Windows 8 Consumer Preview – Tasks and Windows

Having used the Win 8 Consumer Preview a lot since yesterday, I wanted to quickly touch upon a couple of things that are not very apparent ( not that much is). Windows 8 has a beautiful way of allowing you to work with two windows at the same time. and a much more useful task manager.

First, the window management bit. If you find yourself needing to keep visible two windows at the same time for whatever reason, you have a better way of doing this in Windows 8 than you did in previous versions. Windows 7 had a good way resizing windows by dragging them to the edges and snapping them to the side for a side by side view. It is only logical that one of those windows will be your primary one and the other will be the secondary one. Windows 8 allows you to arrange them in just that way.

The switcher on the left is activated by moving the pointer to the left top corner and then moving down along the edge. Then you can drag any of the open applications to the left or the right and Windows will automatically arrange it to cover one third of the screen

The switcher on the left is activated by moving the pointer to the left top corner and then moving down along the edge. Then you can drag any of the open applications to the left or the right and Windows will automatically arrange it to cover one third of the screen

The open applications will arrange themselves by spliting the screen in a one third ratio. There is a standard IE 10 windows on the left and the mail app on the right. Unfortunately only Metro apps will prvide you any usefulness from this functionality. Like the refresh and new mail buttons that you see in the mail app. Dragging the separator left or right will change the dominant app and you can also get rid of an app by dragging the separator to the nearest edge

The open applications will arrange themselves by spliting the screen in a one third ratio. There is a standard IE 10 windows on the left and the mail app on the right. Unfortunately only Metro apps will prvide you any usefulness from this functionality. Like the refresh and new mail buttons that you see in the mail app. Dragging the separator left or right will change the dominant app and you can also get rid of an app by dragging the separator to the nearest edge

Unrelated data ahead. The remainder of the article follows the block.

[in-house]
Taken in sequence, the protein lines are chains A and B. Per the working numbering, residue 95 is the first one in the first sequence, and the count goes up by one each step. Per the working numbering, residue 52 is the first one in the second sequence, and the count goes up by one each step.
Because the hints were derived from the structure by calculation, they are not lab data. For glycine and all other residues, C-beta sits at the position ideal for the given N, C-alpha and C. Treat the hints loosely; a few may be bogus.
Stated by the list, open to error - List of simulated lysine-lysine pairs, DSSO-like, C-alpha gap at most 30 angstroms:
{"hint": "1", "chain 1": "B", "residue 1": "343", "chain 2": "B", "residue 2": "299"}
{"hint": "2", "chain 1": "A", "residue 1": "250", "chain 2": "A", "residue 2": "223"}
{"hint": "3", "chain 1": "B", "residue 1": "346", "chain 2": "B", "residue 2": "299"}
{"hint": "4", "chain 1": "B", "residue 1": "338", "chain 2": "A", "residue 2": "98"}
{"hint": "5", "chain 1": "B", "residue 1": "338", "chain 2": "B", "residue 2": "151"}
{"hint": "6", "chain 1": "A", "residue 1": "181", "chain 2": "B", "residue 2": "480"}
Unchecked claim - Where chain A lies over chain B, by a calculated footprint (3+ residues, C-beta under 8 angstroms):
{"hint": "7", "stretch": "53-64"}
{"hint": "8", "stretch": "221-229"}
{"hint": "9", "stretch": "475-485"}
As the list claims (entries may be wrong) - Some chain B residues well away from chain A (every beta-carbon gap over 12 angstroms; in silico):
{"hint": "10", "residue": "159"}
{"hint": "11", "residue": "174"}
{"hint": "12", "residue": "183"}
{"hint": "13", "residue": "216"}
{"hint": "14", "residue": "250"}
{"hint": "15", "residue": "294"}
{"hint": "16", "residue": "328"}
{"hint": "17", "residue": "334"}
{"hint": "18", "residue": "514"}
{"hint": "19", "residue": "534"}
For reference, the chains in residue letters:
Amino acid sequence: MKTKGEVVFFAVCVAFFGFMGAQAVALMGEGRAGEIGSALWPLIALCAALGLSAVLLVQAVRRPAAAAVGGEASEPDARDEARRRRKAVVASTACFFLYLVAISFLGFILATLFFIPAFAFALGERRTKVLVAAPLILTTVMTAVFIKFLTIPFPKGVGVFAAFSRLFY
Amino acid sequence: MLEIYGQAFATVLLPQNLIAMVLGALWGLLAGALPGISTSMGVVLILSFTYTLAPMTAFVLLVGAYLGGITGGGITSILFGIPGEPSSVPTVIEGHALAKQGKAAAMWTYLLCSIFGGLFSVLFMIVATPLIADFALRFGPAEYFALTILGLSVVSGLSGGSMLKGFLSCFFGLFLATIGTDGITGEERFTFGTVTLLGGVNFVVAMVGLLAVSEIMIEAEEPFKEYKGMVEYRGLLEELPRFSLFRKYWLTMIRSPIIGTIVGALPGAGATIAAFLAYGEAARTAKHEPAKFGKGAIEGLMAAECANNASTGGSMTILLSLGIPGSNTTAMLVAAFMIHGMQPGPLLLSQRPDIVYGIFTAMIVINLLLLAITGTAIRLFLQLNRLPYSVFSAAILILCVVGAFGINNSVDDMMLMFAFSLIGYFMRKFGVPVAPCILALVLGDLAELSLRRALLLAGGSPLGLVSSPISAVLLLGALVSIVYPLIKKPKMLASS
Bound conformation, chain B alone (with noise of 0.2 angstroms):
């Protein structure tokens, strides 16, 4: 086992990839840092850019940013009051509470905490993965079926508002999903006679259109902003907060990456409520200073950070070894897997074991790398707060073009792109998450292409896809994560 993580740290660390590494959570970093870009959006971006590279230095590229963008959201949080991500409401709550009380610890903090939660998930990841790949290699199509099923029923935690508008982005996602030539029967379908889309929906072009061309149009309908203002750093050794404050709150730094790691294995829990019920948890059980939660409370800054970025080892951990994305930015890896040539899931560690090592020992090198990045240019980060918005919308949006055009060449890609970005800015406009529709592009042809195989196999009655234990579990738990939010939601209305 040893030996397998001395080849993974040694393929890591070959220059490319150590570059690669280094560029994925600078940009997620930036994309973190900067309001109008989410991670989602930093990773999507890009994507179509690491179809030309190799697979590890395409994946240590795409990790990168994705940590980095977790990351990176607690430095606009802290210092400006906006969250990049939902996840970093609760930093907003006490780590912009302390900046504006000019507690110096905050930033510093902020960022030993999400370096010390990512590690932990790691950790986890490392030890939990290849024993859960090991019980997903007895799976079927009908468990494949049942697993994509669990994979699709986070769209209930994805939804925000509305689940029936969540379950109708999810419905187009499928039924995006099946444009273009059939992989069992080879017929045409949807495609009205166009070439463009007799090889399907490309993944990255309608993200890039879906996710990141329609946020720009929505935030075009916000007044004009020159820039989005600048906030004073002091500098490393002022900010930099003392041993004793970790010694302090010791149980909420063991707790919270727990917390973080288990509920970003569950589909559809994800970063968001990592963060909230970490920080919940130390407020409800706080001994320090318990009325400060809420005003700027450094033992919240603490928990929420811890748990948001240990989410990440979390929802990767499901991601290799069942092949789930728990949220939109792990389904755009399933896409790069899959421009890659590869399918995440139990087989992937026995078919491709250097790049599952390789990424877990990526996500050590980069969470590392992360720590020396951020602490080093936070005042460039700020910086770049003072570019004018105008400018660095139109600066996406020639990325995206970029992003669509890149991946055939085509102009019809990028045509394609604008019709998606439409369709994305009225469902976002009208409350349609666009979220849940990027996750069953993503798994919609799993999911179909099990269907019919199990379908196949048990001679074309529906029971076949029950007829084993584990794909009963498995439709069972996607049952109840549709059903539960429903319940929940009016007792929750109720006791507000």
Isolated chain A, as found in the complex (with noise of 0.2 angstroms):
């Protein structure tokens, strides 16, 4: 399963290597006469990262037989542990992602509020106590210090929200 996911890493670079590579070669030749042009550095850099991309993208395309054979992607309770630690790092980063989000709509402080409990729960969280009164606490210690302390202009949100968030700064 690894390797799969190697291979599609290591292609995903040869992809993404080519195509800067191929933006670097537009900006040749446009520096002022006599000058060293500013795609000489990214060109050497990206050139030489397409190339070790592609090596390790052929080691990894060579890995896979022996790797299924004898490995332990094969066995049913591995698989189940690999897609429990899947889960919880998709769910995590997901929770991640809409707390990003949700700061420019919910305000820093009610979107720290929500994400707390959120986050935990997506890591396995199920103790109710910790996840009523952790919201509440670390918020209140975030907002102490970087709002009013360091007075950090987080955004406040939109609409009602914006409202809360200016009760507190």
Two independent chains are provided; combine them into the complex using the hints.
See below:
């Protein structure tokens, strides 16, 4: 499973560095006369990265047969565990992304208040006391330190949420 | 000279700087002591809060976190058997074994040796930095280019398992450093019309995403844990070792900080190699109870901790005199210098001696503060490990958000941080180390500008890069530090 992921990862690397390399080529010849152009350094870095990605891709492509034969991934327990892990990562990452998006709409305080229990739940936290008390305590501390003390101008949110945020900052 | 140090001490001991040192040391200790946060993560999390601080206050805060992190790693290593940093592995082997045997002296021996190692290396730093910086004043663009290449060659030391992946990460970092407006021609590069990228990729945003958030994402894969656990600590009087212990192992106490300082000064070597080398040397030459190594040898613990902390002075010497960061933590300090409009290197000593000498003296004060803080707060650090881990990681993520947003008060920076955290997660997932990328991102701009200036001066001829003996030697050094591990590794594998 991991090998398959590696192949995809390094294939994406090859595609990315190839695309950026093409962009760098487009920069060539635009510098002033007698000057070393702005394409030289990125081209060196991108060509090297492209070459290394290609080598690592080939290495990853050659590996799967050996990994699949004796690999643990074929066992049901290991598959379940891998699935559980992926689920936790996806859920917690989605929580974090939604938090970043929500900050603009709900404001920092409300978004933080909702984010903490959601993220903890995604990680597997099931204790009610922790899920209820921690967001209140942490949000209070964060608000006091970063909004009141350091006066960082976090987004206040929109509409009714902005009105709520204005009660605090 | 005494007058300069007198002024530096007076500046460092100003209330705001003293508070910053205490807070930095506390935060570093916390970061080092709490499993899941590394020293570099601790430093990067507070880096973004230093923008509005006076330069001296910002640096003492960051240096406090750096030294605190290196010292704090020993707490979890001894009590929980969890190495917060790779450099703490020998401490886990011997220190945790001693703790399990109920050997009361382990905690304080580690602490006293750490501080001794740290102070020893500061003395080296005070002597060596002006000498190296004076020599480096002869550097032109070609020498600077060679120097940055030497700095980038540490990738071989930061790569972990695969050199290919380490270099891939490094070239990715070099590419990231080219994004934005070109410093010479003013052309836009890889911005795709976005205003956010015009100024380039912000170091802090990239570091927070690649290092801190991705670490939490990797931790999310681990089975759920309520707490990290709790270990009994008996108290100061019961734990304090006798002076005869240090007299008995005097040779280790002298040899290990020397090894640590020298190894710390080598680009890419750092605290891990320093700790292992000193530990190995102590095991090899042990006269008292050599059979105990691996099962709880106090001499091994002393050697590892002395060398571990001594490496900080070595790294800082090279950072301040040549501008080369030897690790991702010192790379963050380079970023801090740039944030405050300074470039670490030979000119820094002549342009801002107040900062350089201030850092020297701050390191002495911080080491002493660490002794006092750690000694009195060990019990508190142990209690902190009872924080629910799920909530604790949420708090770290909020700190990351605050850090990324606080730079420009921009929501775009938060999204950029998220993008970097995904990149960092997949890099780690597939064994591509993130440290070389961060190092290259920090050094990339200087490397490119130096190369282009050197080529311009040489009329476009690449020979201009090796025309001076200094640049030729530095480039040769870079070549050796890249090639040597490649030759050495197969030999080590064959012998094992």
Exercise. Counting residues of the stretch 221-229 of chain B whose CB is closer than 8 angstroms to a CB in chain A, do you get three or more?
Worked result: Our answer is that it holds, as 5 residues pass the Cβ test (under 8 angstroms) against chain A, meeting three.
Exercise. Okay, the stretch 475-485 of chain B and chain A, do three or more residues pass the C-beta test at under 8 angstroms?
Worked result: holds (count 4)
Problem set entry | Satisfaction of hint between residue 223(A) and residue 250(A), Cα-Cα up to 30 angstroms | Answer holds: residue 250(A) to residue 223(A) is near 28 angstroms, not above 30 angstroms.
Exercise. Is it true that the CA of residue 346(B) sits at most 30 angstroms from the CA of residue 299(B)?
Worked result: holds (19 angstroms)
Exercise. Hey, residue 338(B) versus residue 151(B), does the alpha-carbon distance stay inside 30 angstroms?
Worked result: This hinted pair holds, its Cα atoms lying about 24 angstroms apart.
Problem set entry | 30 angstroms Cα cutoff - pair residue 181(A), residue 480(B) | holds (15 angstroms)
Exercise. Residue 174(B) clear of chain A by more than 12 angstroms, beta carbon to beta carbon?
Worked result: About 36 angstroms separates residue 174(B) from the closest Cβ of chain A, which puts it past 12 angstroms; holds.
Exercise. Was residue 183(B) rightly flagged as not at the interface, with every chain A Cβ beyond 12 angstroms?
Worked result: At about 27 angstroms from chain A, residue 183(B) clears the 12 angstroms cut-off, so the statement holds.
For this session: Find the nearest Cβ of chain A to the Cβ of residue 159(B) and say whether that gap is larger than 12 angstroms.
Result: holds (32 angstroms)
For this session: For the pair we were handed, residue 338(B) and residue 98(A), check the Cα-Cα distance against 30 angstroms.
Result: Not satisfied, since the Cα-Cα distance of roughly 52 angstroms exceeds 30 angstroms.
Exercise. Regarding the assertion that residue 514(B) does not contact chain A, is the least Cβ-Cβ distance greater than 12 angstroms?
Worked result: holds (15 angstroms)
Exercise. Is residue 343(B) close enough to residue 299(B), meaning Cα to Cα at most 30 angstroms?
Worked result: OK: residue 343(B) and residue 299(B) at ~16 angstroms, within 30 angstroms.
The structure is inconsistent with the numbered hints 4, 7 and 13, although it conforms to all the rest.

The availability of well made Metro Apps will have to be available in plenty to make full use of the window management enhancements of Windows 8. It will be exciting to see what developers do with these new tools. Maybe apps that are designed as companions to each other can make use of this. I don’t know. We will all have to wait and see.

 

The default view in the task manager is a very plain one with not much going on. Just a list of the running apps and their icons. What you get after clicking on the More details button is also very different than before, but also familiar

The default view in the task manager is a very plain one with not much going on. Just a list of the running apps and their icons. What you get after clicking on the More details button is also very different than before, but also familiar

The detailed view of the task manager has a lot of details. Process, performance, history, startup and a few other things. This, the performance view, provides a nice graphical snapshot of whats going on.

The detailed view of the task manager has a lot of details. Process, performance, history, startup and a few other things. This, the performance view, provides a nice graphical snapshot of whats going on.

What I personally found interesting was the Network tab which provides a view of the data usage by the running or installed applications. This is what I really need in windows Phone as well. Notice the presence of Metered Network, presumably for tablets and such where you might be on a mobile network. Very nice.

What I personally found interesting was the Network tab which provides a view of the data usage by the running or installed applications. This is what I really need in windows Phone as well. Notice the presence of Metered Network, presumably for tablets and such where you might be on a mobile network. Very nice.

 

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